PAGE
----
Once upon a time
my Grandma Longenecker and Aunt Ruthie
welcomed strangers into their home.
They hosted Phuong Le from Viet Nam, their first refugee “daughter.”
After Grandma died my aunt carried on the tradition
opening her door to refugees fleeing oppression.
Vietnamese, African, Serbian families
found food and shelter in her home.
A True Story
Once a Serbian widow with a young son came to her door, destitute. They had absolutely nothing. The child’s only toy was a stick – Imagine! Only a stick to play with.
The widow was Muslim. She slept in my Grandma’s bedroom and kept an east window open day and night for her prayers.
I never met the woman whose last name was Zisalihovic. My sister Jean met her though and has recounted this story to me.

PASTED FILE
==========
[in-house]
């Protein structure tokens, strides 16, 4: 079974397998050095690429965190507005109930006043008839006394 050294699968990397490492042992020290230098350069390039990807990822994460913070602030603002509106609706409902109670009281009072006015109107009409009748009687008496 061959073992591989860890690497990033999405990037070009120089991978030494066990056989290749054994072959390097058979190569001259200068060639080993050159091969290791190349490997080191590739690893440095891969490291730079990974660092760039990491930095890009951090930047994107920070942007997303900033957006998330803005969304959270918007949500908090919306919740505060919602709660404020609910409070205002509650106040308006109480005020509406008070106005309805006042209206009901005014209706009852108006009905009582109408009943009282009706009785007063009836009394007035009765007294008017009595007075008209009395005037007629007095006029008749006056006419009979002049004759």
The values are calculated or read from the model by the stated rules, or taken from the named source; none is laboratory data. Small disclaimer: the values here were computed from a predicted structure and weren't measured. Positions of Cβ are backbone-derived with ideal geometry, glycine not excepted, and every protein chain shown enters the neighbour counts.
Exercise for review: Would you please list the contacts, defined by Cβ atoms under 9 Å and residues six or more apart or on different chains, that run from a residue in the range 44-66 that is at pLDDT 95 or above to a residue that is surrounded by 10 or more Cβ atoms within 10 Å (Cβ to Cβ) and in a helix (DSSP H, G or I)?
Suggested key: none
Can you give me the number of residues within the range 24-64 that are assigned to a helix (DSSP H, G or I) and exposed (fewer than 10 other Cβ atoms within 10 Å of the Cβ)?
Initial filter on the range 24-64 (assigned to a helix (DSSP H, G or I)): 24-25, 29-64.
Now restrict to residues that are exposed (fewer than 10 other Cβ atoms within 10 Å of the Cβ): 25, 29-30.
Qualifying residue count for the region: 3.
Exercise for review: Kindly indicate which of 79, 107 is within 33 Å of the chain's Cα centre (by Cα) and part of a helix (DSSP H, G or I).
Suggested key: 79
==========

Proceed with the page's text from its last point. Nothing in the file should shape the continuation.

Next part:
What I Know for Sure
My aunt probably did not press her ear to the bedroom door to hear the widow’s prayers. I’m pretty sure she wouldn’t have stomped in bellowing, “Stop, this is a Christian household. You cannot pray to Allah.”
But I am certain she would have invited her and her son to Bossler Mennonite Church where they would be welcomed, even if the mother wore a burka instead of a prayer veiling. They would have heard about the true meaning of Christmas, a message of love and grace.
Lutheran Social Services, who facilitated the effort to shelter refugees, gave my aunt a porcelain plate to honor her efforts. This gesture reminds us during this season that regardless of race or religion, everyone needs a home.
Think About It
The Holy Family were, in fact, refugees fleeing to Egypt to escape King Herod’s murder of baby boys.
Inscription: Mary and Joseph with the infant Jesus fled oppression, even as millions of people have done throughout history. The Holy Family was able to go home again, but other refugees have had to start life over in new lands. Giving them a helping hand affirms the inestimable value of human lives.